Some north country organizations are working to help families with transition plans. The Adirondack North Country Association is launching a North Country Center for Businesses in Transition, which will connect local chambers of commerce and other organizations in an effort to give family businesses more information on how to manage the change. A recent study showed that as many as 16,000 family-run businesses in ANCA’s 14-county region are nearing the owners’ retirement, said  Danielle Delaini, the group’s regional advocacy project assistant.           

                “It’s really just tough for folks to know where to start,” Delaini said. The project should be fully up and running in January, Delaini said.

                Among other challenges: giving the transition time to work out. Planning should start at least three to five years before the change arrives, Delaini said, which business owners sometimes don’t realize. “They’ll think it’s an easy handoff.”

                The new center will help put business owners in touch with organizations or professionals who can guide them through the process, including working out issues like reducing the bite of income taxes as much as possible when a business passes from one generation to another. Simply knowing where to find help can make a big difference, Delaini said. And giving up control to the younger generation is hard for some owners, she said. “So much of it is part of their identity.”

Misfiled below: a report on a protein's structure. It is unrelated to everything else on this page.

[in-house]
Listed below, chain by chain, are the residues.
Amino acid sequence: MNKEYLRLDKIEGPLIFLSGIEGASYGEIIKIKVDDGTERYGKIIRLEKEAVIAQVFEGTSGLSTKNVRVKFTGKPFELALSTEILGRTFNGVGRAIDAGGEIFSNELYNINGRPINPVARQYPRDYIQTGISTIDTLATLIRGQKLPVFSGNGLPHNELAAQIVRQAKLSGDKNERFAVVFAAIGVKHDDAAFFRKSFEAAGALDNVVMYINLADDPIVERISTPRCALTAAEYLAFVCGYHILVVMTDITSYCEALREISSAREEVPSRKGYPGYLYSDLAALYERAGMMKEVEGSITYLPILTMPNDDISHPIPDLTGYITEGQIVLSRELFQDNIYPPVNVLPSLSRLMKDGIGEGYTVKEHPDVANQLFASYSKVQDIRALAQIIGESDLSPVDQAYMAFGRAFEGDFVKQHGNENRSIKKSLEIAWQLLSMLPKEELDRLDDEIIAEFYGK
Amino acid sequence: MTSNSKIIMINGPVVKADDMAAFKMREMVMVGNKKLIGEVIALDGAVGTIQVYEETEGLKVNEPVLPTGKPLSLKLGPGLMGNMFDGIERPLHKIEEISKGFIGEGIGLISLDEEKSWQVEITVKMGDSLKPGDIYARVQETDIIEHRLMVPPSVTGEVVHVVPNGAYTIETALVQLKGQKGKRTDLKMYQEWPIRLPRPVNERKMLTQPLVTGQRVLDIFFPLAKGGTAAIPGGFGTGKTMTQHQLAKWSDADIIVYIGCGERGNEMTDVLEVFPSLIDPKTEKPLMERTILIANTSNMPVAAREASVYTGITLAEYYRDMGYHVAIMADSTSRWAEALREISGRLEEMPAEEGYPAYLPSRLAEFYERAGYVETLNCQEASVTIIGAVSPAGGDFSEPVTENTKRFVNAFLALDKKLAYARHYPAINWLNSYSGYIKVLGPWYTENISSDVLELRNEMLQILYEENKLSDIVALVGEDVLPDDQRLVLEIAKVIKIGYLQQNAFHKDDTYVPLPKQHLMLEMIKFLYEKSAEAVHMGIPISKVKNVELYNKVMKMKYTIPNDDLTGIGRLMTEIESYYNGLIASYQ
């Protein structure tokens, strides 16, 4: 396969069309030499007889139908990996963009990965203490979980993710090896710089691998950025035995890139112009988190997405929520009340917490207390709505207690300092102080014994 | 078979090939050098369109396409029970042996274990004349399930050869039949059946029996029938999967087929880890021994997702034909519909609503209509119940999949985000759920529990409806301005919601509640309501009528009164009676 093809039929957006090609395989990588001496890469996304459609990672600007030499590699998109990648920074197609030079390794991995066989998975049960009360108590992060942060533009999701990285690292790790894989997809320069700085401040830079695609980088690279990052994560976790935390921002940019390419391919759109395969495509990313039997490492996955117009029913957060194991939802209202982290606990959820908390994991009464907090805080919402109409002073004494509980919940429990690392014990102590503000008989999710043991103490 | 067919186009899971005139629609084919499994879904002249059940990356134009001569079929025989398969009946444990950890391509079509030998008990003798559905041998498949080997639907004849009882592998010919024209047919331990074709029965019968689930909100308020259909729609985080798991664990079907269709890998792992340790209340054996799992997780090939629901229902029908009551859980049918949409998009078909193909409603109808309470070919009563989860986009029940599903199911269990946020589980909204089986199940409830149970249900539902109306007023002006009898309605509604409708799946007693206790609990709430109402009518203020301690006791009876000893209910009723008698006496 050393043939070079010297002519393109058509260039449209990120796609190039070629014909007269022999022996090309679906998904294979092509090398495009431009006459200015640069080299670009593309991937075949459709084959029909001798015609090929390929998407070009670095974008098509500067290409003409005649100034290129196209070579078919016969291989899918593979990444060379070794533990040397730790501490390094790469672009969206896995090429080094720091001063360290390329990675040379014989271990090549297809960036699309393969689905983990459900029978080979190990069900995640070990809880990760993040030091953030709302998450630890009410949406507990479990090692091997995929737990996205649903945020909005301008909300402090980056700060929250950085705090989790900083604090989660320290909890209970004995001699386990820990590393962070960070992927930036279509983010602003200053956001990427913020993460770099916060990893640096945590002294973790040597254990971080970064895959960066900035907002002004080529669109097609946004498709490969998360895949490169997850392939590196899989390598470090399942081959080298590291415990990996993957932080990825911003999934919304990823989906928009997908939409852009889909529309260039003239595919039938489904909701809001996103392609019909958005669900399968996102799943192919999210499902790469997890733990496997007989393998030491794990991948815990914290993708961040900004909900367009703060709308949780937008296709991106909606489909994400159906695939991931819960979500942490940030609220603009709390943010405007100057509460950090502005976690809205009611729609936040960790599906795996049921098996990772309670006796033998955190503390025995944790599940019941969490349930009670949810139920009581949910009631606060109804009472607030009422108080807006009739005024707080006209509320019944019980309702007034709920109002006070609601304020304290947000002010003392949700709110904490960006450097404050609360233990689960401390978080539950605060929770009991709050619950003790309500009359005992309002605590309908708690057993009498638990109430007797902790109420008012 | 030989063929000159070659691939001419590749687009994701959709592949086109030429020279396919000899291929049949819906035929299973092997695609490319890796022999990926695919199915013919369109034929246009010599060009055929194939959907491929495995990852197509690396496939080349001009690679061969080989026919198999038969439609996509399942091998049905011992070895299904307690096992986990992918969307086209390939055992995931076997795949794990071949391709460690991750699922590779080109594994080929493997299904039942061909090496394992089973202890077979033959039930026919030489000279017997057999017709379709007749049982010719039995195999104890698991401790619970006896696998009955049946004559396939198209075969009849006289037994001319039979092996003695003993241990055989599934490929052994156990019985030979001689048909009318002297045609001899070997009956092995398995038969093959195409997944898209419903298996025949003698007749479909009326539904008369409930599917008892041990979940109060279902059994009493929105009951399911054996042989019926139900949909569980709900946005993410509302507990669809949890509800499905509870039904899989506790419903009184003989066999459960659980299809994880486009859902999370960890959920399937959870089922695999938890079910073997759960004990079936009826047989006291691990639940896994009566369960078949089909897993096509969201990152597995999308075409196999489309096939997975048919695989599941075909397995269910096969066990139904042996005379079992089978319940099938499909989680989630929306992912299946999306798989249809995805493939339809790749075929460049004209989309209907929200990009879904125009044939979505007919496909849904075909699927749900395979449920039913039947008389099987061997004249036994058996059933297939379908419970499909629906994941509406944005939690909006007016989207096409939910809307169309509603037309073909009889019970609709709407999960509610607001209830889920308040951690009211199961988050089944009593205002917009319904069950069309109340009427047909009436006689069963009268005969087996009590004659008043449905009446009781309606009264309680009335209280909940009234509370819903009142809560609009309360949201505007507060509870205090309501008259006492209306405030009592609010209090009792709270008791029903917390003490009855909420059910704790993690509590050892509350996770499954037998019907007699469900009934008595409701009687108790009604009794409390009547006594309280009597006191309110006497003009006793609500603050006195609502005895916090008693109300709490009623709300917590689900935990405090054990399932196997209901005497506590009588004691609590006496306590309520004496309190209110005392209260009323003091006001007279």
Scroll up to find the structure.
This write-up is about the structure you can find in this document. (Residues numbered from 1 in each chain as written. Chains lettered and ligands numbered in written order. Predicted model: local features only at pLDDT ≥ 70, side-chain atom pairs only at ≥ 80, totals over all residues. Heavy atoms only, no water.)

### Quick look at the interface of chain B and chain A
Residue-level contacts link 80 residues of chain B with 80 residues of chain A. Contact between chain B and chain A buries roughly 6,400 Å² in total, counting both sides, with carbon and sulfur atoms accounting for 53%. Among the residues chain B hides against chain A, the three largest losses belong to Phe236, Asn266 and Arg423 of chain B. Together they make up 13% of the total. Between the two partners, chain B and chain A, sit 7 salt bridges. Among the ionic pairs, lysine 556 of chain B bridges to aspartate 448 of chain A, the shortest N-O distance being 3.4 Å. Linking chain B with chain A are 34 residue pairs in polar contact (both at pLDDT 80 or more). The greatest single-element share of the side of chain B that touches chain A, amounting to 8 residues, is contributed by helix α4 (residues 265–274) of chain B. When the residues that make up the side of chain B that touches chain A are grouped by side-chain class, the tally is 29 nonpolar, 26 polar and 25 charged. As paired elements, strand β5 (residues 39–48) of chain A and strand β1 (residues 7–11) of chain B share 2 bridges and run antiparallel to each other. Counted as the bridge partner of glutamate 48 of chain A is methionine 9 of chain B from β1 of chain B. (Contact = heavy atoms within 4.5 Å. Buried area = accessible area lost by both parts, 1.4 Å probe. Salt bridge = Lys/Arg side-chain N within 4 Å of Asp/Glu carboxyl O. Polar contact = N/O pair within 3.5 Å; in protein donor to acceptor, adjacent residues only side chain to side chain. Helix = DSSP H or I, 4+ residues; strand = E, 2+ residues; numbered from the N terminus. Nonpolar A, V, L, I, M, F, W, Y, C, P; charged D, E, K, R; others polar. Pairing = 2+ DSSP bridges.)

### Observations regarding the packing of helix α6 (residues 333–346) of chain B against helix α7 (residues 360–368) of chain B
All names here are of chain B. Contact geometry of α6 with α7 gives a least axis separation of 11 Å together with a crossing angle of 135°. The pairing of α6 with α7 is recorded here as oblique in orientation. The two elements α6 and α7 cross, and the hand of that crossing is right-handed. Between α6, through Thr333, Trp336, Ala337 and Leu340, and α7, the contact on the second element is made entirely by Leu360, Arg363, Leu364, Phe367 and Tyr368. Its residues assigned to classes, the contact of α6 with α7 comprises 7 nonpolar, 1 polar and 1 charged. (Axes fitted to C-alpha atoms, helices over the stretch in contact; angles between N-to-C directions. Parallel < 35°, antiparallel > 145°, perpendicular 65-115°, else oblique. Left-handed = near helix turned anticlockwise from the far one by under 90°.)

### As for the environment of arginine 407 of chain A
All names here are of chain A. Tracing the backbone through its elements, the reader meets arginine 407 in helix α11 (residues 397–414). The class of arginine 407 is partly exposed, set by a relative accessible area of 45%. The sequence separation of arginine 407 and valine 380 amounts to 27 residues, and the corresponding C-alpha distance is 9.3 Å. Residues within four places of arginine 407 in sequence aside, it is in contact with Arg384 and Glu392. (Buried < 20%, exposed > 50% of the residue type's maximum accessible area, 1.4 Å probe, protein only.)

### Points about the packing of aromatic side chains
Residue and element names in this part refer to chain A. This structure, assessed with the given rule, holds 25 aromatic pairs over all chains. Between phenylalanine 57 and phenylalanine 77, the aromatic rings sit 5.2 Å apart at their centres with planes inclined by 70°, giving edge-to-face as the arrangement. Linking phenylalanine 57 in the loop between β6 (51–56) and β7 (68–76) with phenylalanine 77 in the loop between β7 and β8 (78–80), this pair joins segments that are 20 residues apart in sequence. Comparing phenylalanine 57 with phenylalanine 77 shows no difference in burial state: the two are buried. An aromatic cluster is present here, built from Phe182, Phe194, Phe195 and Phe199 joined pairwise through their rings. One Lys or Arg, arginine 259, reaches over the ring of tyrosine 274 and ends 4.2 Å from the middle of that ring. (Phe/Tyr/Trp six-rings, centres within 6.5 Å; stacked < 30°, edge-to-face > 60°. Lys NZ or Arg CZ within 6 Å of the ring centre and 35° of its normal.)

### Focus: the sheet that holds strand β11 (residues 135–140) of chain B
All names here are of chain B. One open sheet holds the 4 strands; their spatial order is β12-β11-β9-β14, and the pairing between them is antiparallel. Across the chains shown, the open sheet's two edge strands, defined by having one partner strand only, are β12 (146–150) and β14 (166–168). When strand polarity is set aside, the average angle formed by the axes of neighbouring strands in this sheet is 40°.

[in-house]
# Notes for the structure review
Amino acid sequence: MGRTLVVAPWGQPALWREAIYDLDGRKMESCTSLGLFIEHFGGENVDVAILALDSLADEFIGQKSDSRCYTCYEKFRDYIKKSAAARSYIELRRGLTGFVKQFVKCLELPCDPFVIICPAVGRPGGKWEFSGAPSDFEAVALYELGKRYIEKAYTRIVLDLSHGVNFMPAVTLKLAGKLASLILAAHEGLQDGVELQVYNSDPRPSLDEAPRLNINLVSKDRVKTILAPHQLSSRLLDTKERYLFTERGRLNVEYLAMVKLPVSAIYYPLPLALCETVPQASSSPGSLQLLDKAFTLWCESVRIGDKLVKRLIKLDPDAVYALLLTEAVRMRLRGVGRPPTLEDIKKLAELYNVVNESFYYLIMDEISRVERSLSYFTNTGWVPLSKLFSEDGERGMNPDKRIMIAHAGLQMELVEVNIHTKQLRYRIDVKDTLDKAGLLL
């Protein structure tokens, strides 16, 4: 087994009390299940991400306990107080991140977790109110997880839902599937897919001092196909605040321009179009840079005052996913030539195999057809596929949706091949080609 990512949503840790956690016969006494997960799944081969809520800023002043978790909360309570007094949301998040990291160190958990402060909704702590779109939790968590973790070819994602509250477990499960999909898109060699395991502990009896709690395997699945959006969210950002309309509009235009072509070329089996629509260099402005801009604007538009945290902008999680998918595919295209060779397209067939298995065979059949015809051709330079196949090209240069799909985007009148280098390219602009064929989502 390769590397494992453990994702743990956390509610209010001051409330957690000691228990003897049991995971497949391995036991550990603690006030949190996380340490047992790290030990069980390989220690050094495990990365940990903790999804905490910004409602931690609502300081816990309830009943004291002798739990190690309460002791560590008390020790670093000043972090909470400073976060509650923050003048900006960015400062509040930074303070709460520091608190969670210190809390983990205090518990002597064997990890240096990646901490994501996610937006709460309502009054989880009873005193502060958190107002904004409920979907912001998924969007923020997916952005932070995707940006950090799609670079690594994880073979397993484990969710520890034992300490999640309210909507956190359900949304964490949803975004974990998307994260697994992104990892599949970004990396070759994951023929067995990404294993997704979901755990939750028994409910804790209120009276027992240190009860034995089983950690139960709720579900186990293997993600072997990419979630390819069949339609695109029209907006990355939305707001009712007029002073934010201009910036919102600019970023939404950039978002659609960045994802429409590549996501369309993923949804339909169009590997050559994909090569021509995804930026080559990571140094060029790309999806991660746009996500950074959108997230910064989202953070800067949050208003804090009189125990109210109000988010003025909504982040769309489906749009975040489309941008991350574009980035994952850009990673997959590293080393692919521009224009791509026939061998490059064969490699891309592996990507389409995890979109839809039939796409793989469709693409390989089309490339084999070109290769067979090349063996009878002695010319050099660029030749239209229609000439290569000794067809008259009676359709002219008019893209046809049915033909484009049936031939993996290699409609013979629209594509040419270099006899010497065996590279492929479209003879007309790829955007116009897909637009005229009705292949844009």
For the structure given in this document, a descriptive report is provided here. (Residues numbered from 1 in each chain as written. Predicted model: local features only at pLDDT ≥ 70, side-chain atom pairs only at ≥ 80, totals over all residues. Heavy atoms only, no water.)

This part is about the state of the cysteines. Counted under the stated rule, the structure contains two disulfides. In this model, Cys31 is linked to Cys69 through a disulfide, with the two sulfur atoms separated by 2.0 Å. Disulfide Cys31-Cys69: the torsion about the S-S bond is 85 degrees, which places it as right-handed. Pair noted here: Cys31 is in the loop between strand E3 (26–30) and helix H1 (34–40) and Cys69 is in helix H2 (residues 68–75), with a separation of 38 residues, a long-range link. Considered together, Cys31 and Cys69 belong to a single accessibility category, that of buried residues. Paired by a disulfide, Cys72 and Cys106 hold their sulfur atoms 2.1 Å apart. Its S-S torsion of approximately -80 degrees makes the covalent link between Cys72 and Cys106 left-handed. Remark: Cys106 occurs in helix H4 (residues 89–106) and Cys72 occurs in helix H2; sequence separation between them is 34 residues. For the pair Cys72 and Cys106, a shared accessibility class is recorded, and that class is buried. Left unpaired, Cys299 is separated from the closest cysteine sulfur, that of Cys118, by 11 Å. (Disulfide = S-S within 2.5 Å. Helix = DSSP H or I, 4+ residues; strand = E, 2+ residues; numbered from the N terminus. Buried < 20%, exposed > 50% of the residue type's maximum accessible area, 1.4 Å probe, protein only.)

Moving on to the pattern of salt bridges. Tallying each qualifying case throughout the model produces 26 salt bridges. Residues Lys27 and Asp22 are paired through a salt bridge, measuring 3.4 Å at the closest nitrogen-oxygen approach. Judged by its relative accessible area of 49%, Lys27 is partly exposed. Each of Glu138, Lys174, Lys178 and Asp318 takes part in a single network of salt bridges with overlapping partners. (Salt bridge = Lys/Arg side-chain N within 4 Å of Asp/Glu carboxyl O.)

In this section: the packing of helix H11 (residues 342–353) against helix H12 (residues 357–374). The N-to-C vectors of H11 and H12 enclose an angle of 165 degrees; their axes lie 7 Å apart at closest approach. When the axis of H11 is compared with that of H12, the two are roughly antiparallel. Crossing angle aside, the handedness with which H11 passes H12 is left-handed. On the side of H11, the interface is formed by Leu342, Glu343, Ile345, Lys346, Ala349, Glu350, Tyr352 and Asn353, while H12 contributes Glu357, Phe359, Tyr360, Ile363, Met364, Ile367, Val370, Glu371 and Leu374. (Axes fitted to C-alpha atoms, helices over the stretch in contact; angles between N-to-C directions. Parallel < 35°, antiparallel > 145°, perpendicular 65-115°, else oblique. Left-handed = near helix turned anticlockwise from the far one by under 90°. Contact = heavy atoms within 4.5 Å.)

Drafting Millennials into management brings opportunities, said Michelle Collins, business advisor at SUNY Canton’s Small Business Development Center. The younger generation is more digitally aware and more attuned to social media, including its usefulness in a business setting, she said. They’re in a good position to show their parents that social media isn’t just a “time suck,” for instance, she said.

                With two generations running the business, Vintage Doors is taking on new technology, such as a laser engraving machine to help expand product lines, Garlock said. The family is working on design options to allow for special logos or insignia on the doors they order, she said.

                In the north country’s biggest business — agriculture — family transitions have long been a regular part of life, as well as a big concern for the region as a whole. The dairy business swings from profitable to barely profitable or worse, depending on milk prices, and keeping the younger generation interested in farming is fundamental to the industry’s survival, agriculture experts say. The average age of farmers has climbed to nearly 60 as the older generation hangs on, according to the U.S. Department of Agriculture.

                At Porterdale Farms in Rodman, Casey Porter, 22 and fresh out of Cornell University, is beginning to think about how her responsibilities could grow over the years. “I’m sort of learning,” said Porter, who’s in the fourth generation on the farm her family started in 1938.

                “Nothing’s set in stone. We agreed I’d come back as an employee for a few years,” Porter said.